Zaghloul El-Naggar

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Zaghloul El Naggar
Native name زغلول النجار
Born (1933-11-17) November 17, 1933 (age 80)[1]
Gharbiyab, Egypt
Nationality Egypt Egyptian
Ethnicity Arab
Occupation Geologist, Chairman, Committee of Scientific Notions in the Glorious Qur'an. Supreme Council of Islamic Affairs, Cairo, Egypt.
Religion Islam
Website
elnaggarzr.com/en

Zaghloul El Naggar (Arabic: زغلول النجار‎, IPA: [zæɣˈluːl ennɑɡˈɡɑːɾˤ]) is a geologist, Muslim scholar, and Muslim author. The main theme of El-Naggar's books has been science in Quran; his philosophy of science is blended with religion. He left his academic career to become the Chairman of Committee of Scientific Notions in the Qur'an, Supreme Council of Islamic Affairs, Cairo, Egypt. His writing genre is Ijaz (miraculous) literature.

Personal Life[edit]

He received his bachelor's degree from the University of Cairo. He obtained his PhD in Geology from the University of Wales in the United Kingdom in 1963. El-Naggar is an elected Fellow of the Islamic Academy of Sciences (1988), a member of the Geological Society of London, the Geological Society of Egypt and the American Association of Petroleum Geologists, Tulsa, Oklahoma. He was imprisoned because of his political activism and beliefs during his student life. He was considered a grave threat to secular political establishment of Egypt. He was exiled from Egypt in early 1960s and could return to his country only in 1970.[2]

Works[edit]

El-Naggar wrote a book entitled The Geological Concept of Mountains in the Qur'an (2003). It was published when El-Naggar was the chair of geology at King Fahd University of Petroleum and Minerals in Dhahran, Saudi Arabia. This book sold fairly well, leading El-Naggar to leave teaching and become the Chairman of Committee of Scientific Notions in the Qur'an.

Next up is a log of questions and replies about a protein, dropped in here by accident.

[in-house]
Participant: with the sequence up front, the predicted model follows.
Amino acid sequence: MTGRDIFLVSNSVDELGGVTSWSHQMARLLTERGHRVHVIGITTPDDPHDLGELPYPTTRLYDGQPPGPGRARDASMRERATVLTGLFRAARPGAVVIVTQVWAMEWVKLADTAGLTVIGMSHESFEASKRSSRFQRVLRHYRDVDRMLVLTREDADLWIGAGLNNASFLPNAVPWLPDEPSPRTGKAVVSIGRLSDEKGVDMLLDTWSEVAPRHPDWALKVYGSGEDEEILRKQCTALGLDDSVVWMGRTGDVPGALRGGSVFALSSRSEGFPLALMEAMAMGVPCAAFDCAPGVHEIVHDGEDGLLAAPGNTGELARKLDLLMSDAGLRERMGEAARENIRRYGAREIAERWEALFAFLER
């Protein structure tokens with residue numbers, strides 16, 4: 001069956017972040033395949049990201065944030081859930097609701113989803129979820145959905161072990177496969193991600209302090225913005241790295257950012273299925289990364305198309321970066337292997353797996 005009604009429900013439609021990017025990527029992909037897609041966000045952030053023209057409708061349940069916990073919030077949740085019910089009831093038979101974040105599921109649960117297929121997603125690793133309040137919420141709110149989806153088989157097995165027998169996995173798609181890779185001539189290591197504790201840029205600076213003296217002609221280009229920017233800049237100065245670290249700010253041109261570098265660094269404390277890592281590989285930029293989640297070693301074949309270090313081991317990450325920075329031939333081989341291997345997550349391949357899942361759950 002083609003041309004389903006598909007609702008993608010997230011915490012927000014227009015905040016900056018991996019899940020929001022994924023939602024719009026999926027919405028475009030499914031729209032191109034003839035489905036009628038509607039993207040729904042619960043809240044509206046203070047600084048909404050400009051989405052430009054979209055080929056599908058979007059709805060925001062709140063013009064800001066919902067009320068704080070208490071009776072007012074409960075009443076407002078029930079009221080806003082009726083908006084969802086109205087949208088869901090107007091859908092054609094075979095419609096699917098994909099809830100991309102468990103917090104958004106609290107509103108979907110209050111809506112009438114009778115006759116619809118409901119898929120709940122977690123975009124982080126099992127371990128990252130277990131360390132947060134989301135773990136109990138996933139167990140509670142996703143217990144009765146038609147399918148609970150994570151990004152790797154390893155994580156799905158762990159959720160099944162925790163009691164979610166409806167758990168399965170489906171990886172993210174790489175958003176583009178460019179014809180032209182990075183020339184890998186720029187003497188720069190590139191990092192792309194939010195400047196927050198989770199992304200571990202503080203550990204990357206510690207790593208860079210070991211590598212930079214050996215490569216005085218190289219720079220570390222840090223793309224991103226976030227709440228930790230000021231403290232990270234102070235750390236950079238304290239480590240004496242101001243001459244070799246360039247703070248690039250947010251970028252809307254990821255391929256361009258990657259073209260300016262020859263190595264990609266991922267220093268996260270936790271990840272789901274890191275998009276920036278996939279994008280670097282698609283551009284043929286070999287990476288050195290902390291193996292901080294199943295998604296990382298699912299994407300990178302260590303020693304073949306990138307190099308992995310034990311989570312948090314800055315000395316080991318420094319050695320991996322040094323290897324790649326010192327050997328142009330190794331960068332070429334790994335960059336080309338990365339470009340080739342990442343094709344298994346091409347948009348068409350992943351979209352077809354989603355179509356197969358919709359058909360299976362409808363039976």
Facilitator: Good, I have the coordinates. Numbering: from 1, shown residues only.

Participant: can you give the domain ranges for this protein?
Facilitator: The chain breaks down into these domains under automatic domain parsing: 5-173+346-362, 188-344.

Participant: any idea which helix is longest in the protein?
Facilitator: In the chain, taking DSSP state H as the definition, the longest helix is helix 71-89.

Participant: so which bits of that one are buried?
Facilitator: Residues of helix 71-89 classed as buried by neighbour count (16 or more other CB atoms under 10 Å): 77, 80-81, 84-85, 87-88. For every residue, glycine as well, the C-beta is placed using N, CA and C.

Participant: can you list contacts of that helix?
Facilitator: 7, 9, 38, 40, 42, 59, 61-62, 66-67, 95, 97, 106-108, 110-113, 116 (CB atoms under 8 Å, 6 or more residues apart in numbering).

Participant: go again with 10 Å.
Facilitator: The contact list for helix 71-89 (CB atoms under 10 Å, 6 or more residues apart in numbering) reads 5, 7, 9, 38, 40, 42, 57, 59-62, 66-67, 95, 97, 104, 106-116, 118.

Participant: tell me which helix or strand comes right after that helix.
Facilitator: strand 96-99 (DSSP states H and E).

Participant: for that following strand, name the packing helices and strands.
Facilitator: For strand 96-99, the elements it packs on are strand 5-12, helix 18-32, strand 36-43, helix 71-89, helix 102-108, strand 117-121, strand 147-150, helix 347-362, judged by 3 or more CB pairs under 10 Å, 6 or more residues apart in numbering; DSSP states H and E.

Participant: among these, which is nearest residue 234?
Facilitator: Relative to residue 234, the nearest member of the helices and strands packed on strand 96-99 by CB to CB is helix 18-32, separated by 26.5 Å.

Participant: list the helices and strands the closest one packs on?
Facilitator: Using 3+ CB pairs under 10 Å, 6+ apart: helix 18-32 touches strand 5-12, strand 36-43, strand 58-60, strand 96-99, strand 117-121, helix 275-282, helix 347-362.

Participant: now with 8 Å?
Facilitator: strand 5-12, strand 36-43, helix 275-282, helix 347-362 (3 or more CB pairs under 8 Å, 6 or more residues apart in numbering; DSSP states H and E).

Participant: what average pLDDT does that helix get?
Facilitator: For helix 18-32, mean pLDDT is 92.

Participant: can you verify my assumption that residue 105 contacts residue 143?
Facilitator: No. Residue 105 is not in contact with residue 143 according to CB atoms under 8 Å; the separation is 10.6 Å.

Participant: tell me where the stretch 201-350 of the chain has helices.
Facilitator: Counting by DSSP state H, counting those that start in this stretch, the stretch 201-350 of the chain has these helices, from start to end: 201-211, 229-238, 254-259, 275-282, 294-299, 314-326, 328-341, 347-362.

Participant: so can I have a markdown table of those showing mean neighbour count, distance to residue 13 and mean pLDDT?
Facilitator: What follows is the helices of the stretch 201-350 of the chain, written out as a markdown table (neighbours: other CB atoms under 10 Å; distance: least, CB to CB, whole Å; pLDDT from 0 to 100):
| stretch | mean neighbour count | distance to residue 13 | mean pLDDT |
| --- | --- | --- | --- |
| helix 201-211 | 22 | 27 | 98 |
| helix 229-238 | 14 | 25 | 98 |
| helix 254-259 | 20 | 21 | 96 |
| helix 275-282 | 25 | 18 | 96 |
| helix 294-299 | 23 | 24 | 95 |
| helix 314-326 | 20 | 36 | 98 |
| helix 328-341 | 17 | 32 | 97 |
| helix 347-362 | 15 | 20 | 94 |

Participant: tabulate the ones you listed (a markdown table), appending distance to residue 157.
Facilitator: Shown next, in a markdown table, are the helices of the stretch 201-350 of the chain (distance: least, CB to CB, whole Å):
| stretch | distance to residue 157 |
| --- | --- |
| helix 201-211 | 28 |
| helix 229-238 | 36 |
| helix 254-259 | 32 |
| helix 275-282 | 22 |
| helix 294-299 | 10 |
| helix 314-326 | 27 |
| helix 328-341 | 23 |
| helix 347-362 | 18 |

El-Naggar published more than 150 scientific studies and articles, none of them peer reviewed, and 45 books in Arabic, English and French. Many of those publications deal with what are considered to be scientific miracles in Qur'an.[3]

Controversial claims and religion[edit]

El-Naggar's views are controversial. Like other Ijaz Literature, his work often quotes verses of Qur'an and tries to find relationships between modern science and Qur'an. Like other claims of scientific foreknowledge in sacred texts, his work tries to associate the metaphorical language of the Qur'an to modern scientific concepts.

Splitting of the moon claim[edit]

Naggar claimed in 2004 that NASA had in 1978 confirmed in a television program the splitting of the moon, said by some Muslims to be a miracle attributed to the Islamic prophet Muhammad.[4] A NASA scientist said not to believe everything on the internet, and "No current scientific evidence reports that the Moon was split into two (or more) parts and then reassembled at any point in the past".[5]

See also[edit]

References[edit]

  1. ^ (Arabic) Biography of Zaghloul El Naggar in ZAYTODAY.com
  2. ^ The Geological Concept of Mountains in the Qur'an In NEWVISION Website
  3. ^ Ahmad Dallal, Science and the Qur'an, Encyclopedia of the Qur'an
  4. ^ Book: Treasures in the Sunnah - A Scientific Approach, Zaghloul El Naggar, pub. Al-Falah Foundation for Translation, Publication, and Distribution, 2004, ISBN 977-367-029-3, p41-43, on Google books and cited on the author's Web site
  5. ^ NASA Lunar Science - Evidence of the moon having been split in two

External links[edit]